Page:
How can I “catch” CRE?
Most healthy people do not get these infections. People who get these infections are typically on antibiotics, are in long term care facilities, nursing homes or are patients in a hospital. People who have had a procedure with a medical device are also at risk of CRE. In order to become infected, you would first need to have contact with the CRE bacteria through physical contact with a person who is infected (contact with infected wounds or waste products) and then have access for the bacteria to enter your body such as a surgial incision, a wound, or a medical device introduced to your body.
Can CRE be treated?
There are some limited options available that can be used to treat CRE infections; however, each infection and CRE resistance profile can be slightly different. Other therapies (such as draining infections) can be used depending upon the infection.
Why do some people contract a CRE infection and others don’t?
People who do not have an infection may still have CRE but they are described as “colonized." The CRE is in or on their body but has not yet caused an infection or a problem. These people do not need antibiotics, but any known CRE may be removed prior to a medical procedure.
Are these new superbugs?
CRE are unfortunately not new (relatively speaking). The CDC had initial reports of CRE in early 2001. In 2013 the CDC identified CRE as one of the Urgent Threats of all antibiotic resistant microbe threats due to the lack of treatment options and the increasing spread of these organisms.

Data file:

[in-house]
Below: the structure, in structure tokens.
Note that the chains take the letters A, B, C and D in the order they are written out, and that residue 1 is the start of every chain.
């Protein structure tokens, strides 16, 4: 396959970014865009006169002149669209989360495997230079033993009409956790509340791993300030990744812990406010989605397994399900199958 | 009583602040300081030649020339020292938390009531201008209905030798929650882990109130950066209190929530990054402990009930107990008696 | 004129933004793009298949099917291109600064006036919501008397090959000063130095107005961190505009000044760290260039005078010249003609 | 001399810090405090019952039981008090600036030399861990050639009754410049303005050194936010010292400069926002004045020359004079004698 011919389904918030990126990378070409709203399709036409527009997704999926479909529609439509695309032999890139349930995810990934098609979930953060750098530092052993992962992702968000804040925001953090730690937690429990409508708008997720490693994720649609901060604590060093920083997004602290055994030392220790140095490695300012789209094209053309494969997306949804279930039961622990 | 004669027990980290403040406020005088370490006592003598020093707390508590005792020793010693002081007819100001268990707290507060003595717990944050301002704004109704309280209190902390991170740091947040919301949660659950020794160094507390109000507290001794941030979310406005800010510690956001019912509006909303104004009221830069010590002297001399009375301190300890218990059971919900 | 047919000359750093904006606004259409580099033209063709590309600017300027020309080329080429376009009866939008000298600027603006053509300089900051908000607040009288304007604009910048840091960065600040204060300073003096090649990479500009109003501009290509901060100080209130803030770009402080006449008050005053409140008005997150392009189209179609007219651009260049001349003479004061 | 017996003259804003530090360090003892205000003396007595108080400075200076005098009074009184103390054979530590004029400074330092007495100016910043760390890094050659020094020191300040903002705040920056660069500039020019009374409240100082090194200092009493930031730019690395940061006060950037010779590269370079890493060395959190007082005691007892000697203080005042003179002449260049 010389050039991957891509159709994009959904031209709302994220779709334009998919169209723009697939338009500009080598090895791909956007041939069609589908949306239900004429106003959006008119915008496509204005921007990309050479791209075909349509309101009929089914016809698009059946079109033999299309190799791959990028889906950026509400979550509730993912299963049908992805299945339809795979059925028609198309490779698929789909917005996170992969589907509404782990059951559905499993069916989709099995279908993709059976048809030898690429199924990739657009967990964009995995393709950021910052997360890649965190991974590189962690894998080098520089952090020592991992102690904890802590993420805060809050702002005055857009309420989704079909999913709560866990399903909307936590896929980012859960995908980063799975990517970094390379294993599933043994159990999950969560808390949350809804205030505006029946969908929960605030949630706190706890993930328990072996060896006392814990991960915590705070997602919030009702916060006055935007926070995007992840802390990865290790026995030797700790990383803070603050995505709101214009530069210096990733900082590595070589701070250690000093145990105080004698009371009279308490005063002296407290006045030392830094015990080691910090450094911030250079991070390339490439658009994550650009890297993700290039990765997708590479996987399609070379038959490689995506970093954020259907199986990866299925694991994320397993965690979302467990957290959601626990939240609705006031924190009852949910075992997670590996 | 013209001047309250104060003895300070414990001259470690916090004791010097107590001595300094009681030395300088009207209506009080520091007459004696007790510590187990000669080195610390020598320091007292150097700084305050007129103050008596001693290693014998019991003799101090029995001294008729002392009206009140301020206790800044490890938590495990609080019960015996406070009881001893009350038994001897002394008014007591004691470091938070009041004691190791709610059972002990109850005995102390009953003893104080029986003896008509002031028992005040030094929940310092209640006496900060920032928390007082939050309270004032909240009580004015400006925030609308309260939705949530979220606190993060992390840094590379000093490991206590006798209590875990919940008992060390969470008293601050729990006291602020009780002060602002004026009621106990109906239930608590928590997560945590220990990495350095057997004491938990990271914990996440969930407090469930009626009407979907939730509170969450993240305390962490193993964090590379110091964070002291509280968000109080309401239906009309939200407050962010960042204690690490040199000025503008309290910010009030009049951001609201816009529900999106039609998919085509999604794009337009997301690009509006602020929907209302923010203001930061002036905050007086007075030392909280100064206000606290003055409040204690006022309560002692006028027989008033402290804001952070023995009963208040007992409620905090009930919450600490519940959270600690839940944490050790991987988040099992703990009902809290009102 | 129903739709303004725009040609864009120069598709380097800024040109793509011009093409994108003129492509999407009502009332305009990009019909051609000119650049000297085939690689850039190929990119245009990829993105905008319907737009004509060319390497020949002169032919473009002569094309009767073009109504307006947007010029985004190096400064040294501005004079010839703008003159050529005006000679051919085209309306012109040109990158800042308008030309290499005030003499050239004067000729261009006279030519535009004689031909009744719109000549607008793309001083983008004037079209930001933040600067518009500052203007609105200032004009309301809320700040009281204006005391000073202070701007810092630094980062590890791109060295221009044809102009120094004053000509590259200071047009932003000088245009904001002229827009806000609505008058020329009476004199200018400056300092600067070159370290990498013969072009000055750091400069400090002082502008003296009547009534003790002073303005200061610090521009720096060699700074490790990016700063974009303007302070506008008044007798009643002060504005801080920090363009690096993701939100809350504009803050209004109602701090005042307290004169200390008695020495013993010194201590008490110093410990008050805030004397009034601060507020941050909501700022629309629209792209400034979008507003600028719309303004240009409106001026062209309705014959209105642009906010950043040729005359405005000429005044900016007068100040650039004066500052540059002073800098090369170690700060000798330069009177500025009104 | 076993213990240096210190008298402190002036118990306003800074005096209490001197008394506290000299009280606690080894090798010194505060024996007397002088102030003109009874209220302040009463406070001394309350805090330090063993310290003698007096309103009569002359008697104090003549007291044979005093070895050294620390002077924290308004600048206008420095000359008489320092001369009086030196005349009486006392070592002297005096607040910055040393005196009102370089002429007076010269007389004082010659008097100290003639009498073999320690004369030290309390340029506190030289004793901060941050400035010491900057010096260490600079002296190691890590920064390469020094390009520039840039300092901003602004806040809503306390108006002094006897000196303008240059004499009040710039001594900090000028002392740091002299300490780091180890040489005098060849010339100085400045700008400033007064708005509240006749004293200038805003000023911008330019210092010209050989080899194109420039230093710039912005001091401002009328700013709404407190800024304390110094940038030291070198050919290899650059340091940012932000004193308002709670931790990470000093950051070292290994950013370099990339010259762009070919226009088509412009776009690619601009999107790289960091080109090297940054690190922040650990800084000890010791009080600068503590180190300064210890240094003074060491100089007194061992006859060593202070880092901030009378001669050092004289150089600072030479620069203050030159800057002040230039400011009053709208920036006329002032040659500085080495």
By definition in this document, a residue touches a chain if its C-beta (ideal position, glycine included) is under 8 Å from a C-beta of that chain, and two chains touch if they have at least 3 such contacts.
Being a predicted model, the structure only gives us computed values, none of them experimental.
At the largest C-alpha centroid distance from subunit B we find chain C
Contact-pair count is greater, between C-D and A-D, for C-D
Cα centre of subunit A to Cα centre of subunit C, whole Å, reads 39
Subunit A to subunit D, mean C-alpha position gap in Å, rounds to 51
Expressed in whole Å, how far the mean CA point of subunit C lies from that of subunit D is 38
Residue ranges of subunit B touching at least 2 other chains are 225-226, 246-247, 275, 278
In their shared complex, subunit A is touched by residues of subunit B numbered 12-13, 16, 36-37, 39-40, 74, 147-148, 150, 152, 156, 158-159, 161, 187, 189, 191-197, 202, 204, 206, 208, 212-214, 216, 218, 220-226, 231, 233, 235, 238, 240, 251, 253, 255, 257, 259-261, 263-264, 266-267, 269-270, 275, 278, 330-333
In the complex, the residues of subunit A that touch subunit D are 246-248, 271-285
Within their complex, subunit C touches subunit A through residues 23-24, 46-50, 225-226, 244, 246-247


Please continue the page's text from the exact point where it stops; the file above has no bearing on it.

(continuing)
How can I prevent CRE?
- Tell your doctor if you have been hospitalized in another facility or country.
- Ask your care givers if they have washed their hands before touching you.
- Only take antibiotics prescribed to you and complete the entire dose.
- Clean your own hands especially after contact with wounds or after using the bathroom.
What is currently being done about CRE?
The FDA has released an advisory on additional cleaning practices for duodenoscopes (the devices used in the UCLA outbreak) to address any contamination concerns. If you are concerne, ask your healthcare provider about additional decontamination steps that are being performed to keep you safe.
The CDC website also has guidance available to both healthcare professionals and to patients on how to decrease transmission of CRE (including a CRE toolkit), as well as how to treat and deal with CRE infections.
Where can I find more information?
Dr Monk is the Director for Clinical and Scientific Affairs for Cupron Inc, a biotech firm based in the Richmond , VA area focusing on utilizing its novel proprietary platform technology involving the use of copper compounds in synthetic polymers for consumer, medical, industrial and military applications. Dr. Monk’s area of expertise is microbiology and antimicrobial’s mode of action and resistance, and he is responsible for managing clinical and research trials in the United States, and executing regulatory strategy in the United States for Cupron Inc. Prior to joining Cupron, Dr. Monk was Head Scientist at Biocontrol Ltd developing novel antibacterial solutions for antibiotic resistant bacteria. Dr. Monk received his PhD in Microbiology and Molecular Epidemiology from Bath University and B.Sc. in Biology and Microbiology from the University of Birmingham. Dr. Monk performed his post doctoral studies at Virginia Commonwealth University focused on antimicrobial’s mode of action and resistance.